Looking out over the gray expanse of dA, you spot a poem. Or a photograph. Or a juicy piece of digital art, and you know exactly what you want to say. Or maybe you don't, but you slog through, making the effort. And voila! A click and you navigate away, grinning, imagining the artist's delight when the deviant opens his or her message center upon the next log-in.
You left a critique, whether as a "critique" or in a comment box, but, as is inevitable in all short stories, something goes very very wrong. A mere day after you clicked submit, you receive a hurt and snarly reply informing you that you are a horrible-horrible person, and a shallow one at that. A literary terrorist, even, or a photographic floozy -- a wannabe painter who should
PE Feedback: How to Give a CritiqueHOW TO GIVE A CRITIQUE
It's a great thing that you want to critique other deviant's works and help them improve their skills through your constructive feedback. By critiquing fellow deviant's works, you are developing your critical thought and vision and thus, developing yourself as an artist. However, critiquing is not all about pointing out what others did wrong. As ChewedKandi has pointed out in 'How To: Critiquing Artwork' "a critique is giving your opinion in a constructive manner about a subject - be it a piece a music, a piece of art, the meal you've just ate and so on."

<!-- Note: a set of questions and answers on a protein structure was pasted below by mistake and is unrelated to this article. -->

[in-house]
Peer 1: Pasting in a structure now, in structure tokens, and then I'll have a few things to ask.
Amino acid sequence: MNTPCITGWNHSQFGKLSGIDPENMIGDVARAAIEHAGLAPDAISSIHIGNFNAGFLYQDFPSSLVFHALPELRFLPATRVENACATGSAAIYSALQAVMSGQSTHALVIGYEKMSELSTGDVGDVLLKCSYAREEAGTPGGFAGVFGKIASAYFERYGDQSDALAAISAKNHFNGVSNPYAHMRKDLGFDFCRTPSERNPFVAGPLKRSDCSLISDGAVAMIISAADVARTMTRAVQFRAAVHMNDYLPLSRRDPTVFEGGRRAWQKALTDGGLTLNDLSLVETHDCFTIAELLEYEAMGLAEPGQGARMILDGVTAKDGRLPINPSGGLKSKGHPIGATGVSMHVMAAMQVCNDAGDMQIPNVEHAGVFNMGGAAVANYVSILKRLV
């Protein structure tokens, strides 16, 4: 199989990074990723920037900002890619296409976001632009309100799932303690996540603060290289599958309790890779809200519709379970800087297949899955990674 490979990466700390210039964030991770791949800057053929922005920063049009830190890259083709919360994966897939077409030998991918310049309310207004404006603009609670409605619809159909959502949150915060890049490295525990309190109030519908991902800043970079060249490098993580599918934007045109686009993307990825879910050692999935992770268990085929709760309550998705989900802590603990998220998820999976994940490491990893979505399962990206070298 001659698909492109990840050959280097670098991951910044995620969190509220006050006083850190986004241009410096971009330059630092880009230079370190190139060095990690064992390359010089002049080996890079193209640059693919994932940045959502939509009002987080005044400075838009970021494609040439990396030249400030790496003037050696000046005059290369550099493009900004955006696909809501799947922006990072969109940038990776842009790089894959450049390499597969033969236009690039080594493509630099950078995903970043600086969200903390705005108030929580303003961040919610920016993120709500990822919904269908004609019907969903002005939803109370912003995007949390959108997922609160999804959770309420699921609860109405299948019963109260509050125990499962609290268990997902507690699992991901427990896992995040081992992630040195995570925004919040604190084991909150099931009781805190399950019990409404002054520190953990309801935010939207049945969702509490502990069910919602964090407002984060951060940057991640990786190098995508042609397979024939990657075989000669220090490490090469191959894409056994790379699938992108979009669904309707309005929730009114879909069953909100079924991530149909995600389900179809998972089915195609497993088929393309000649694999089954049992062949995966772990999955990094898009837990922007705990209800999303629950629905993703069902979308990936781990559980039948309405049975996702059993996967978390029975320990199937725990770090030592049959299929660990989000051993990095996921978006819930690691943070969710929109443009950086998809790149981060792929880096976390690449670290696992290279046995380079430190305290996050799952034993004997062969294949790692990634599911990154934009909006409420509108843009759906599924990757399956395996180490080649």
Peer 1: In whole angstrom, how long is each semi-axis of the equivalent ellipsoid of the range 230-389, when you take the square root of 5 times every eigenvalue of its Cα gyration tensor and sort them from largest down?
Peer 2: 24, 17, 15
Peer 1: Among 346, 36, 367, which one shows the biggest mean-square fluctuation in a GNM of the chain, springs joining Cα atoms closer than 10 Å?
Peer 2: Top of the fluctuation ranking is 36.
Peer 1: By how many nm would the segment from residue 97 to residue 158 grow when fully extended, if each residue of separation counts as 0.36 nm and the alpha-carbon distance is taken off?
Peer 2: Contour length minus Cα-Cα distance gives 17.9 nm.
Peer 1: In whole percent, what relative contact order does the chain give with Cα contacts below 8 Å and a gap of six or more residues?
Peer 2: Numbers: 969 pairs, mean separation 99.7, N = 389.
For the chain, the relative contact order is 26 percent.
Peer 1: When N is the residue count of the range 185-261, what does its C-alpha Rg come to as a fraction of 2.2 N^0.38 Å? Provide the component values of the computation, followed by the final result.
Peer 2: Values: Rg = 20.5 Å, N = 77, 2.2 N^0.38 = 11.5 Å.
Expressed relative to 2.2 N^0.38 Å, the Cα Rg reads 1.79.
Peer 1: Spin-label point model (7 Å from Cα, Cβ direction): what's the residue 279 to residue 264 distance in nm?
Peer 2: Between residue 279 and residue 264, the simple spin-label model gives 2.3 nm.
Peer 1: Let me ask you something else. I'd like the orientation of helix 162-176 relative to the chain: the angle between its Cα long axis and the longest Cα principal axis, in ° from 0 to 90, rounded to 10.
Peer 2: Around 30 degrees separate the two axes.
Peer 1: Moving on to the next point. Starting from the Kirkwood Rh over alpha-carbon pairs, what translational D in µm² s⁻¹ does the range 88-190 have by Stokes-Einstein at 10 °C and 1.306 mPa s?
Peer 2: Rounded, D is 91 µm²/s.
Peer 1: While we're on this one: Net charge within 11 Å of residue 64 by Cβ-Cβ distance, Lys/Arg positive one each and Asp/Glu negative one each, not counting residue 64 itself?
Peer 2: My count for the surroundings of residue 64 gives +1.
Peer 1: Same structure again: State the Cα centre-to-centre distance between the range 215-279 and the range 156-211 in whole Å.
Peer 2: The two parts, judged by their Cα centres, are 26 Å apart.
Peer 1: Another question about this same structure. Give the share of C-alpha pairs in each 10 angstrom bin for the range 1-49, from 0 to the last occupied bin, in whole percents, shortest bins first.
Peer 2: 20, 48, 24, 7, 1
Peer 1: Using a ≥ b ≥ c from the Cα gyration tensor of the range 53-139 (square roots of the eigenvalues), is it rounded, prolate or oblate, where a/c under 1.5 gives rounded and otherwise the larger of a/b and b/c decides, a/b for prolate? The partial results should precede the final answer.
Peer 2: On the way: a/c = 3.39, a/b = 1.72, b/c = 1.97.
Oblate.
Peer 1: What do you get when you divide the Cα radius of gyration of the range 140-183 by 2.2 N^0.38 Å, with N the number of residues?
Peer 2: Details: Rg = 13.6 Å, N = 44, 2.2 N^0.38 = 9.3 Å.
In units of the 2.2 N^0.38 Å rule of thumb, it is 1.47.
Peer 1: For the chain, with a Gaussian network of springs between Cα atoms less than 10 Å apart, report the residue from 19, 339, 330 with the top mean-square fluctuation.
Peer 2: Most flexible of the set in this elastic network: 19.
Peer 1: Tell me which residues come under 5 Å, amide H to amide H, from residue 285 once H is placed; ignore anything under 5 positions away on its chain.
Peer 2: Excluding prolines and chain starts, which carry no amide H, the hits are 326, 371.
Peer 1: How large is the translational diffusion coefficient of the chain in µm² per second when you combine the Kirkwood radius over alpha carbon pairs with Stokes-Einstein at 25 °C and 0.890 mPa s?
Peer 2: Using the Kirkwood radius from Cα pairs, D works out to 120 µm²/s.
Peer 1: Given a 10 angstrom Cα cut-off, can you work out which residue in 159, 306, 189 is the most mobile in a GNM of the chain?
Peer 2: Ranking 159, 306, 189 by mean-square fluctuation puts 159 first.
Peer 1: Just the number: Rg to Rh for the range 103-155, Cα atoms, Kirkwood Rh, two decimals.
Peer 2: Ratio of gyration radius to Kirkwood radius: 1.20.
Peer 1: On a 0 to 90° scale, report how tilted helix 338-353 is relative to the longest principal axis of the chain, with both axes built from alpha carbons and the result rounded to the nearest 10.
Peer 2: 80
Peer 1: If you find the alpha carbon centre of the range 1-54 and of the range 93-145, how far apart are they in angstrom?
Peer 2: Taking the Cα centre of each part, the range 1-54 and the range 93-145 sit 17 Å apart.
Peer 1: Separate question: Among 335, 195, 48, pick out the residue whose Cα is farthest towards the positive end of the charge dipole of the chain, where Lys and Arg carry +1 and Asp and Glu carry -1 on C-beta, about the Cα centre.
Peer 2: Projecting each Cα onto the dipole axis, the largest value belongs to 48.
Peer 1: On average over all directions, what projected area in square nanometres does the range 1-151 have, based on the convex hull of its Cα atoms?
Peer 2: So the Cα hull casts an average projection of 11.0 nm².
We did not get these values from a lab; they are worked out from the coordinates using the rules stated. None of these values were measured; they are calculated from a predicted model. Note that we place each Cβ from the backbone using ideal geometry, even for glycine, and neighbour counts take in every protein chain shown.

That's the main point of this article: to share a few pointers on how to give a quality critique while providing links to a compilation of useful guides that focus on this very same topic.
Introduction: Let's start!